I was in the audience a couple years back when this same evangelist stood before elementary aged children and drew a heart on a whiteboard. He then colored the heart black and told all the children that the black heart was their heart and that only Christ could clean it to make it possible for them to go to heaven over hell.

      There were a lot of kids who ‘made a decision’ that day.

      This same evangelist works with churches before he comes into town and instructs them to give away cars or do other stunts during his event in order to draw big crowds.

      • December 1, 2010 at 8:46 pm

        I hope you didn’t take offense tony but as I said it sounded so incredible. But the worse one is the ‘evangelist” with the cockeyed approach to evangelism. What a crock!

      • December 1, 2010 at 9:27 pm

        No offense taken at all, Bill. I completely understand your incredulity.

        I try to understand why we do the things we do as well. By using metaphors, I hope to give a different angle that allows some thought to enter in.

  2. December 2, 2010 at 4:02 pm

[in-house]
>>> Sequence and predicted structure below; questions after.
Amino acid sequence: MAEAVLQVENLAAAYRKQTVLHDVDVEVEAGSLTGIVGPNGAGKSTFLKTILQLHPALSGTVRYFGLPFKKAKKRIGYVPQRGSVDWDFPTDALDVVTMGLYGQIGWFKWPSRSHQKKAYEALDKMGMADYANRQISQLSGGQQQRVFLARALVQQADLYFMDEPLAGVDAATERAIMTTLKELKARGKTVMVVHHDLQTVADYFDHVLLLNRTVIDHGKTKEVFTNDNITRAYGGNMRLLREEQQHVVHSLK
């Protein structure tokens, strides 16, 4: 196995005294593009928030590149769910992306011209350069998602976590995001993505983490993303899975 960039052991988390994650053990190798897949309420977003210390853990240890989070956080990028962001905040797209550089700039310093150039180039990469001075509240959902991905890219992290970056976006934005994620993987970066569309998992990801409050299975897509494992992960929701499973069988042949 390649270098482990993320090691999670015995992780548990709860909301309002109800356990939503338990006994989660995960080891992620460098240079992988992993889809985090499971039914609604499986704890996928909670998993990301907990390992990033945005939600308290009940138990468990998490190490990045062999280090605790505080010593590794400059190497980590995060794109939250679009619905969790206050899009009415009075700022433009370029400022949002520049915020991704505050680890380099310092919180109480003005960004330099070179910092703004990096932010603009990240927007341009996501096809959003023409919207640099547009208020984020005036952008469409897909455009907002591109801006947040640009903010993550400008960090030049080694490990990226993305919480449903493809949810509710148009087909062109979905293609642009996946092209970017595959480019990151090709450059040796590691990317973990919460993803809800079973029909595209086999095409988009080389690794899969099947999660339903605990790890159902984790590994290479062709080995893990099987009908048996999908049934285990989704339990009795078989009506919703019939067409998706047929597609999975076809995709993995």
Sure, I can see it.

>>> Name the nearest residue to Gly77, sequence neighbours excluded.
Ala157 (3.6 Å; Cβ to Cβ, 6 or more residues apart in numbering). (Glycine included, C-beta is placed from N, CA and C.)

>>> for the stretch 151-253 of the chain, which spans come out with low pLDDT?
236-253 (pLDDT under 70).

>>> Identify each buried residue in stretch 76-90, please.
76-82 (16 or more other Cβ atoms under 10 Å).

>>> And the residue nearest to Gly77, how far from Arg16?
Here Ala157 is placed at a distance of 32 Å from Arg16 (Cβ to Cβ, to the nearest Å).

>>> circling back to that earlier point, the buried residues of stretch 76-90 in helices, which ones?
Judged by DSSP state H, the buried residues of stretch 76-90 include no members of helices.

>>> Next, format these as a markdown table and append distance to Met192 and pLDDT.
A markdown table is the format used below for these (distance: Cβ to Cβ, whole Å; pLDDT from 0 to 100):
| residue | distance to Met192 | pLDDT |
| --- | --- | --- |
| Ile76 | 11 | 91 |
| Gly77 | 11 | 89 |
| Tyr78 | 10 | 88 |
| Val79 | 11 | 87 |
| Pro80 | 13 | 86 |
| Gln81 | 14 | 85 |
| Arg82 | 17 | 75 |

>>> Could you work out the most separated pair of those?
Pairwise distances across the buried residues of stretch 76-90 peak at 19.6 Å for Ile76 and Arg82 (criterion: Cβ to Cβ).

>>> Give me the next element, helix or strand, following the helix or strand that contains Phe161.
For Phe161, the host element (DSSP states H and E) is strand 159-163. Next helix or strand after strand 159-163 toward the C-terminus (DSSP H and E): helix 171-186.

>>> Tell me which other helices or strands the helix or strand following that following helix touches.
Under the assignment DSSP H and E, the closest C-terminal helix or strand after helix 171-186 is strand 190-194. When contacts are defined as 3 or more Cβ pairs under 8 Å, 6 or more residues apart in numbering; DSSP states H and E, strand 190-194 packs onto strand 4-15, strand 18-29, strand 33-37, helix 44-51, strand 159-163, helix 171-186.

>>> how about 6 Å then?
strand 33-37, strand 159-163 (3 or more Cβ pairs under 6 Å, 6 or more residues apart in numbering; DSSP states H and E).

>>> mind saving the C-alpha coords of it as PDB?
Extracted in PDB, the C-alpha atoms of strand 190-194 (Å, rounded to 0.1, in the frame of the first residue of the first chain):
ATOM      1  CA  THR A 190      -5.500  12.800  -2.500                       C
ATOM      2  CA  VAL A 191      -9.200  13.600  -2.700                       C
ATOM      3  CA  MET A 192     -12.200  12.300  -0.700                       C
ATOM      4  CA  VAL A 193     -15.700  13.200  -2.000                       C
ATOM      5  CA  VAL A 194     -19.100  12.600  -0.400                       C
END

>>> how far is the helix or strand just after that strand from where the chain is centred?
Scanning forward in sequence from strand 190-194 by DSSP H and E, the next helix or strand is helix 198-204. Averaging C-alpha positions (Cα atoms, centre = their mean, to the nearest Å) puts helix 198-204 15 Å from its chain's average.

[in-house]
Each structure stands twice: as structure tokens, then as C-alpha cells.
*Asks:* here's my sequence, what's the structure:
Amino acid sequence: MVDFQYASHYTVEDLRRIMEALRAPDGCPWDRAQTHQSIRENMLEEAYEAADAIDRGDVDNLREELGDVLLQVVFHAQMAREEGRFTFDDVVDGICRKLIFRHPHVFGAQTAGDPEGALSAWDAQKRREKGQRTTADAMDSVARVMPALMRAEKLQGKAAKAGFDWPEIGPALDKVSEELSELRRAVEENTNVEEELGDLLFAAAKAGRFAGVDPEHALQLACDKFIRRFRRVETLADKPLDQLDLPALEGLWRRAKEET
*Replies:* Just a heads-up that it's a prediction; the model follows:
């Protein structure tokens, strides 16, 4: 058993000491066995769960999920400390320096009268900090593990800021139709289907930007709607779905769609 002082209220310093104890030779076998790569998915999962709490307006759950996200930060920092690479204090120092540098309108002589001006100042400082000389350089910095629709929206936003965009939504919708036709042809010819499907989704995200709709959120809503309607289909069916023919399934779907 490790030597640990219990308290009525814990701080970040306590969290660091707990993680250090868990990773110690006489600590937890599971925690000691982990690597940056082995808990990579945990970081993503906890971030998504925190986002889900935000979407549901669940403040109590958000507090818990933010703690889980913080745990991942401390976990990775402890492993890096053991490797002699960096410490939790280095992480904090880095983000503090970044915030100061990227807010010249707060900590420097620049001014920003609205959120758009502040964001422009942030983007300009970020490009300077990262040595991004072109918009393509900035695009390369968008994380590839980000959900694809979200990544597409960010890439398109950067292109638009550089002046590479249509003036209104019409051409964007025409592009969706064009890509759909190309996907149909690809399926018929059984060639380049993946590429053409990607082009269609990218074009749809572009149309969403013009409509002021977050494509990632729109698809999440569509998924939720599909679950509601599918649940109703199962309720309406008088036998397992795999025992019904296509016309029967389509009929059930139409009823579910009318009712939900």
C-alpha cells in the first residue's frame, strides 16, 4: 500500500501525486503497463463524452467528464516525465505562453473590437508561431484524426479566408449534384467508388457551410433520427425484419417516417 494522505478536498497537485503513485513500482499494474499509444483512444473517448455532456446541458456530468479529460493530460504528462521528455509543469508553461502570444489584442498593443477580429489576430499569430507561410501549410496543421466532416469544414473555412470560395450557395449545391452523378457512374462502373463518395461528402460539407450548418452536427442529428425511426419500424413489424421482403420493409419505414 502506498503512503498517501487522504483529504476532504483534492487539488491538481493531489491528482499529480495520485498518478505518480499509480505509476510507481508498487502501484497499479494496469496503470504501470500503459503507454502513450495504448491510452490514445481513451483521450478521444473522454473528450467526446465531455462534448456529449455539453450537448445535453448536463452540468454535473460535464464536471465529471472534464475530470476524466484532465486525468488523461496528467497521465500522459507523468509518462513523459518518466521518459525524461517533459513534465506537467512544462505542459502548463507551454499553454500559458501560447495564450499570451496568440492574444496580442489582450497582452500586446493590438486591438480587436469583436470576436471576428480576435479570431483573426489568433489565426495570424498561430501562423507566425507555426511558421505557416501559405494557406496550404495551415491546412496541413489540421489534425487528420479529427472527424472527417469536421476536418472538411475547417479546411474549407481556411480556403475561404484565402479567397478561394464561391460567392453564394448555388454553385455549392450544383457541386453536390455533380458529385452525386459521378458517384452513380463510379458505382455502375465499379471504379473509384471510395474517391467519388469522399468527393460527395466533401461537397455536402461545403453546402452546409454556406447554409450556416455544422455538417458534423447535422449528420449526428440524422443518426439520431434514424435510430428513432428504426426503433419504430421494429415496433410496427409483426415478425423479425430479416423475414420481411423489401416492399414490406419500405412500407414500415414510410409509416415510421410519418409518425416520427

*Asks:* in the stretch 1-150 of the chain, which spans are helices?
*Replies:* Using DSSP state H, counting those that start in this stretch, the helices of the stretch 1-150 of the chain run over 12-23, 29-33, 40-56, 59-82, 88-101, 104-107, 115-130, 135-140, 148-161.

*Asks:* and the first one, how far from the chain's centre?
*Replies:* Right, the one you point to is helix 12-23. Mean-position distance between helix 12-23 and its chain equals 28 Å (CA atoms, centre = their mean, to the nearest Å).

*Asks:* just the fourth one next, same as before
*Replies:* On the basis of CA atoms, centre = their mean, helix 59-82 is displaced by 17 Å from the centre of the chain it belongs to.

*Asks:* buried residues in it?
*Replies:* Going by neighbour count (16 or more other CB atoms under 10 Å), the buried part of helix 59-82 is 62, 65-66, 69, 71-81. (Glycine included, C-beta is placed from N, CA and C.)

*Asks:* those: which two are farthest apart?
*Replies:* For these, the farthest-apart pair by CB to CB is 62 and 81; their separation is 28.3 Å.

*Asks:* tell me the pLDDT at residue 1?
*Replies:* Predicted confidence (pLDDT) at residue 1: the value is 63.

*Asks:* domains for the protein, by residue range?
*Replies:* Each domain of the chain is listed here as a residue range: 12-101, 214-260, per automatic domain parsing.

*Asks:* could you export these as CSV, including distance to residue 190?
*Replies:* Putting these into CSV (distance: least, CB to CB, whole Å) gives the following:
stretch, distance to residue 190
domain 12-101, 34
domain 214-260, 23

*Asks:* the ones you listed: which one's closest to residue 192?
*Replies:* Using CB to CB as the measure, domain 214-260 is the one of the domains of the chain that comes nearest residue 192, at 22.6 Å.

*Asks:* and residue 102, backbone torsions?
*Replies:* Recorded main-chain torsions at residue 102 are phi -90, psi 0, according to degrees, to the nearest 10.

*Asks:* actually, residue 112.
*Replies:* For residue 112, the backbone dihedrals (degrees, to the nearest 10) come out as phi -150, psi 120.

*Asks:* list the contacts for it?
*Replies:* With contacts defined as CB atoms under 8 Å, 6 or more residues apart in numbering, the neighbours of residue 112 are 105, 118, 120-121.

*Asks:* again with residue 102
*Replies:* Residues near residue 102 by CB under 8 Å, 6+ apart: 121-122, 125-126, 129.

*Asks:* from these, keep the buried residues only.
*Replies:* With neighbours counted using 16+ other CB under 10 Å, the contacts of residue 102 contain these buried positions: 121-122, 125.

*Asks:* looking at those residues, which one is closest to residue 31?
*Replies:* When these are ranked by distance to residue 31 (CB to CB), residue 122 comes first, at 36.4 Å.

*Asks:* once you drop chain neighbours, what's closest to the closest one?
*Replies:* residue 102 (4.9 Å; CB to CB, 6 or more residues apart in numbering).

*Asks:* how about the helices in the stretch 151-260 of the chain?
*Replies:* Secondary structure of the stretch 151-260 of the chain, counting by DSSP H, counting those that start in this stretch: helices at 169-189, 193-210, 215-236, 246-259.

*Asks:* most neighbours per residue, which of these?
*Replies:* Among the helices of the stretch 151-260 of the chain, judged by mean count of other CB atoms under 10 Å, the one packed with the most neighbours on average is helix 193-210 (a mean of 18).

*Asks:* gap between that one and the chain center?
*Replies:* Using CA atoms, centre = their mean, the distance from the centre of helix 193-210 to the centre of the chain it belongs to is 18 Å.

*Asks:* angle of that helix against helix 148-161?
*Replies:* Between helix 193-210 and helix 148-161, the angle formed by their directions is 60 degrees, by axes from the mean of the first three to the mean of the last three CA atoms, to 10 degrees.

I’m glad you added the explanation and agree with your point.

  3. Ike
    December 8, 2010 at 3:37 am

    The one who is concerned over his or her eternal destiny should not look to his or her own sincerity, nor to the form of a scripted prayer not found in the Bible. The one who is aware of his or her sins and seeks freedom from these sins, and pardon from God’s Wrath, must look to God, who delights in justifying the ungodly. The sinner who, like the prodigal son, comes to himself, realizing his sins and desiring to serve God rather than sin, can expect to find God running to him as a loving father, rejoicing to embrace His lost child. The sinner coming to Christ in faith does not need to fear God’s rejection, because Jesus said, “No one can come to Me unless the Father who sent Me draws him” (John 6:44 ESV).

  4. Ike
    December 11, 2010 at 5:35 am

  5. Ike
    December 22, 2010 at 7:06 pm

    Have a blessed Christmas!!!!